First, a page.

# 2016 ASEE Annual Conference & Exposition

## A Renewable Energy Undergraduate Course Underlining the Analysis of Collected Solar Radiation

#### Presented at Solar and Wind Energy-System Initiatives

The growth of solar radiation electricity generation has been increasing steadily during the last ten years. The cost of solar electricity has decreased steadily. These trends support an optimistic view of the future of the solar industry.
Our course design efforts are relevant because good solar projects use good analysis of the solar irradiance reaching the proposed site of installation under study. Although several sources of information are available, our attention is on NREL’s Measurement and Instrumentation Data Center, because it provides minute by minute daily data, allowing the analysis of clearness and variability of the solar radiation. These qualities have an impact on the dispatch of solar electricity.
Since this knowledge is available and it is relevant to the application of engineering our goal was to design a course where two inductive teaching and learning methods would apply: guided inquiry and problem based. The scholarship of application requires attention to the following application design and intended outcomes.
The particular activities and learning objectives of this course are the following:
1- Activity: During solar noon at the University sundial measure the length of the solar column cast by the sundial column. Learning objectives: study the sun motion, the altitude and azimuth angles. Calculate the day’s declination angle, and observe its variation during the year. Calculate air mass and understand the difference between clock time and solar time
2- Activity: Use a clear sky insolation calculator. Learning objectives: distinguish the different paths followed by radiation when reaching a solar panel or collector; assess the effect of the panel’s tilt angle and orientation. Compute and compare the three types of radiation.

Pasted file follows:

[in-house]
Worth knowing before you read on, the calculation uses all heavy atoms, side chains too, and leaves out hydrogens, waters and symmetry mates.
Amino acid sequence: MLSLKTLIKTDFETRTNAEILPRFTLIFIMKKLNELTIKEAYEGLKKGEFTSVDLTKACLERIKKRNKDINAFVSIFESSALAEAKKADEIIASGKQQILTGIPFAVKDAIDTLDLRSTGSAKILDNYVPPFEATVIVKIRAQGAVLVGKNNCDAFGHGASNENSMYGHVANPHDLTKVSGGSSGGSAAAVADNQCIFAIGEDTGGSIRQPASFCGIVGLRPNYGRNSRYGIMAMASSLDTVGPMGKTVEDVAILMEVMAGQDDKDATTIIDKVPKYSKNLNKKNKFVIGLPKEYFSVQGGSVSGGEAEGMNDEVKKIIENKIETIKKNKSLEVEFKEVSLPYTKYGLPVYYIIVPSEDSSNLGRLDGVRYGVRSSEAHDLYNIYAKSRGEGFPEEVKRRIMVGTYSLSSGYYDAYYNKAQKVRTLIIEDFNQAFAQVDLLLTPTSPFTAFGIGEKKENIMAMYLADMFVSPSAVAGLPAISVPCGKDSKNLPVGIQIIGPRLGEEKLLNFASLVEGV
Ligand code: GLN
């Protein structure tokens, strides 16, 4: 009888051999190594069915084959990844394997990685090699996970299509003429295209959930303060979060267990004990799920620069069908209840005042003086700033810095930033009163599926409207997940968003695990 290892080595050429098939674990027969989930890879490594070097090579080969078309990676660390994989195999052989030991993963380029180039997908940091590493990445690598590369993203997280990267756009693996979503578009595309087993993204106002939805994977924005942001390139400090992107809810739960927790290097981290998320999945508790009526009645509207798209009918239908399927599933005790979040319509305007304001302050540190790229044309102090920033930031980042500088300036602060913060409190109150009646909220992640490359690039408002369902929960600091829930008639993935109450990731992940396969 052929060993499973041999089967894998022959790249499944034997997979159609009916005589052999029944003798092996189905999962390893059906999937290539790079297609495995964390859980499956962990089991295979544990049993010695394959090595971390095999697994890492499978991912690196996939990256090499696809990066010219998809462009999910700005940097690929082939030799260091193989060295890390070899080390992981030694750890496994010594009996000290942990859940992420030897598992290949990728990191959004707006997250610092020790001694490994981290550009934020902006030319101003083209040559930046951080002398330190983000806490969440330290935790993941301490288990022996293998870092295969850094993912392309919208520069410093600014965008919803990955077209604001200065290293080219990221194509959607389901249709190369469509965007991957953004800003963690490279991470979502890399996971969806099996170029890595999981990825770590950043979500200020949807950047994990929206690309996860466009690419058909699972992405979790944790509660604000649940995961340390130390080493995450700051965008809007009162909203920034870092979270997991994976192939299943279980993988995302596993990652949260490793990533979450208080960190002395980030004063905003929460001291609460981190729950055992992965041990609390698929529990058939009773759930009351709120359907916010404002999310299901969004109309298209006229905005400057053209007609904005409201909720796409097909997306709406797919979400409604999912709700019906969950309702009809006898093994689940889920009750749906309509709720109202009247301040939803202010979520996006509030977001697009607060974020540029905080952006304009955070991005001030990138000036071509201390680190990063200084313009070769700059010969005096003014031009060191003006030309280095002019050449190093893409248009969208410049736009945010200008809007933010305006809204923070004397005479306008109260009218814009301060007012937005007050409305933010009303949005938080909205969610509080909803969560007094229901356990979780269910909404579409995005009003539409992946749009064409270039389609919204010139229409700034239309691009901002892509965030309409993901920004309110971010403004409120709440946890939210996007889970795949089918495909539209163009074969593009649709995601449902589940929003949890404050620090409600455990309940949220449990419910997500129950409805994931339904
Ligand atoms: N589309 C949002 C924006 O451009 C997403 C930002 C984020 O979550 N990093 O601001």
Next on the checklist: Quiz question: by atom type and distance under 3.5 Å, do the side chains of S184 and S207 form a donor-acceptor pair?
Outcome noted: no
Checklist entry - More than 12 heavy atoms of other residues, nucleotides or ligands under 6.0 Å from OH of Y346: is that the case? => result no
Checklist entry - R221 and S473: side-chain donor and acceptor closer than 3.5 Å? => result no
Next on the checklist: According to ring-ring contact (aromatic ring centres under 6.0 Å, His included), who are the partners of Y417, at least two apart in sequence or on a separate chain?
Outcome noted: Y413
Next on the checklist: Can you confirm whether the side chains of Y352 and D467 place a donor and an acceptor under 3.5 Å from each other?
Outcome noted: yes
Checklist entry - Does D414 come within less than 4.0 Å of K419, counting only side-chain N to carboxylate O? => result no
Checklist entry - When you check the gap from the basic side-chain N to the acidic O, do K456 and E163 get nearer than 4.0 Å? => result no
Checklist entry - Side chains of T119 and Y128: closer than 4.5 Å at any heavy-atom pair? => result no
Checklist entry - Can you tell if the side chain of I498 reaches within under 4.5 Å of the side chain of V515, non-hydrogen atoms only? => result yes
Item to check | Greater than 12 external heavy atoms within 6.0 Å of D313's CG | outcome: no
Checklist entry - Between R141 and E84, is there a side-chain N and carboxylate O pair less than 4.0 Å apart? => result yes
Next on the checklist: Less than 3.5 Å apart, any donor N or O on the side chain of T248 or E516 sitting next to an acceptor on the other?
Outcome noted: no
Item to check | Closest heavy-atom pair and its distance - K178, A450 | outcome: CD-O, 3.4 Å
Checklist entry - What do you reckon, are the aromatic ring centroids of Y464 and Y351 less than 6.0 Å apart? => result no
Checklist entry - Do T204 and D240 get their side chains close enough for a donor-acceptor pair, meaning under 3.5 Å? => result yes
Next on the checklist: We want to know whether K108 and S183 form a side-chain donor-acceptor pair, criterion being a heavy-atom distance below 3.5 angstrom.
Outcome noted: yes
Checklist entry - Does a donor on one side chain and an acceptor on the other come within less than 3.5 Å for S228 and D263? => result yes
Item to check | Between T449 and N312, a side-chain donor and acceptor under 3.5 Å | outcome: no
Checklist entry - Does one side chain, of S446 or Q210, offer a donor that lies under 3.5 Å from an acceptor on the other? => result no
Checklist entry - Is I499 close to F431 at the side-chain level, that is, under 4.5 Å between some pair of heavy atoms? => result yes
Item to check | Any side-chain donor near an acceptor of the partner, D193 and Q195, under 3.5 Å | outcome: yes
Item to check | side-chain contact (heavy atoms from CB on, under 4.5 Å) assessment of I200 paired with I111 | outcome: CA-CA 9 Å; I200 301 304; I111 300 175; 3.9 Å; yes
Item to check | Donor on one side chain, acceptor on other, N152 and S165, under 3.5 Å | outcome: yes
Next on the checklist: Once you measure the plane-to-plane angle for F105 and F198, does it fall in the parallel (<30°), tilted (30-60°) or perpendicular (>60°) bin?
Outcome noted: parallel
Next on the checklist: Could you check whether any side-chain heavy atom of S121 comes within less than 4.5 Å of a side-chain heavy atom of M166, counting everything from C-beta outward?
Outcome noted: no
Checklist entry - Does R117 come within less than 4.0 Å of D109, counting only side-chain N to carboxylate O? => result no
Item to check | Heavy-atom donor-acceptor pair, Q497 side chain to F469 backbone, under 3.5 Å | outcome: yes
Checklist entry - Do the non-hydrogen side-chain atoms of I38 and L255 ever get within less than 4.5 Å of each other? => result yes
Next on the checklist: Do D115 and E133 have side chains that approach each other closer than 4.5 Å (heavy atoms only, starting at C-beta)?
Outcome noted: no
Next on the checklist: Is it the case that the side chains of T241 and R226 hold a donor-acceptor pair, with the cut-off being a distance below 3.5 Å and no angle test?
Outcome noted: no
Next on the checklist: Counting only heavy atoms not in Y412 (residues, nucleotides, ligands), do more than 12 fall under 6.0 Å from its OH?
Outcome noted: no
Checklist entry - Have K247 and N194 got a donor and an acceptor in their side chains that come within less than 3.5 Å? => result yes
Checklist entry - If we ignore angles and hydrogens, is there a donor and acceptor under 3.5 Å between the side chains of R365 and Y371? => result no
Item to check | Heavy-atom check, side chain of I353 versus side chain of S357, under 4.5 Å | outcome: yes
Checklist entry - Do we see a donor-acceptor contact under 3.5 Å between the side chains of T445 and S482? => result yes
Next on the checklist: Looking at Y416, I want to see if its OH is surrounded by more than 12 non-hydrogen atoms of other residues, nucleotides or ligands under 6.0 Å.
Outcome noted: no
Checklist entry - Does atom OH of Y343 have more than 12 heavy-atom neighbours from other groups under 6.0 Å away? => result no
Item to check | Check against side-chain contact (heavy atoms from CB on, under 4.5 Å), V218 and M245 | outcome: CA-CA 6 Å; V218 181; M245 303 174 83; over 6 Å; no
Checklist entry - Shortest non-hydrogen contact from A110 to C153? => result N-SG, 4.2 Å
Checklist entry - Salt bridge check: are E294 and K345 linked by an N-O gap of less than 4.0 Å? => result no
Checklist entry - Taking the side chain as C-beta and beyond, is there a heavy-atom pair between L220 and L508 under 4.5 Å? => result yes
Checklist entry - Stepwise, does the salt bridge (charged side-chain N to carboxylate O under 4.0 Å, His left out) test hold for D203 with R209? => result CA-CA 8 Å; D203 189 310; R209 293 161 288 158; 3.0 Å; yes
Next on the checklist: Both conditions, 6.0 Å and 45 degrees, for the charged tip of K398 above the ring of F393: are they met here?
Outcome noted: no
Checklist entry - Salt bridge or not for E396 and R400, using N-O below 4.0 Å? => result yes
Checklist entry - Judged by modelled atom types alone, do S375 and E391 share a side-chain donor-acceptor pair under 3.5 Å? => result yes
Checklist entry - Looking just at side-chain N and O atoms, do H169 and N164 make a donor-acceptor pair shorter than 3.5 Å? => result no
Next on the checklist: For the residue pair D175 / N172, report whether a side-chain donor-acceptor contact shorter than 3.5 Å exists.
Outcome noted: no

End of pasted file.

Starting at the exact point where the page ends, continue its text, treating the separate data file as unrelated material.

3- Activity: evaluate solar panels efficiency. Learning objectives: use array’s electricity power and energy production data, together with the data provided by an inexpensive global irradiance sensor located in the plane of the array.
4- Activity: Download and read irradiance data form NREL’s MIDC. Learning objectives: Access NREL/MIDC website. Explore selected solar station data. Correlate the station time zones and standard longitudes
5- Activity: Process daily Global Horizontal irradiance data. Learning objectives: Use MATLab program to analyze minute by minute solar data. Observe the variable character of solar radiation. Observe the difference between clear sky model and measured irradiances.
6- Activity: Analyze daily Direct Normal irradiance data. Learning objectives: Classify solar days according to its clear and variable characteristics
7- Collective Activity: analyze the irradiance from 12 selected NREL/MIDC solar stations. Learning objectives: Classify sites according to clear and variable indexes, and collected insolation during the month
This course was taken by 22 students during the spring of 2015, and they have responded to written questionnaires for each of the seven activities. At the end of the semester course, 90 % of the students strongly agreed or agreed with five questions assessing the quality of the course.

Authors
1. Dr. Jaime Ramos P.E. University of Texas, Rio Grande Valley [biography]
2. Mr. Jose Ramirez The University of Texas Rio Grande Valley [biography]
3. Dr. Hiram Moya University of Texas, Rio Grande Valley [biography]
4. Dr. Jose Luis Saldivar Jr University of Texas, Rio Grande Valley [biography]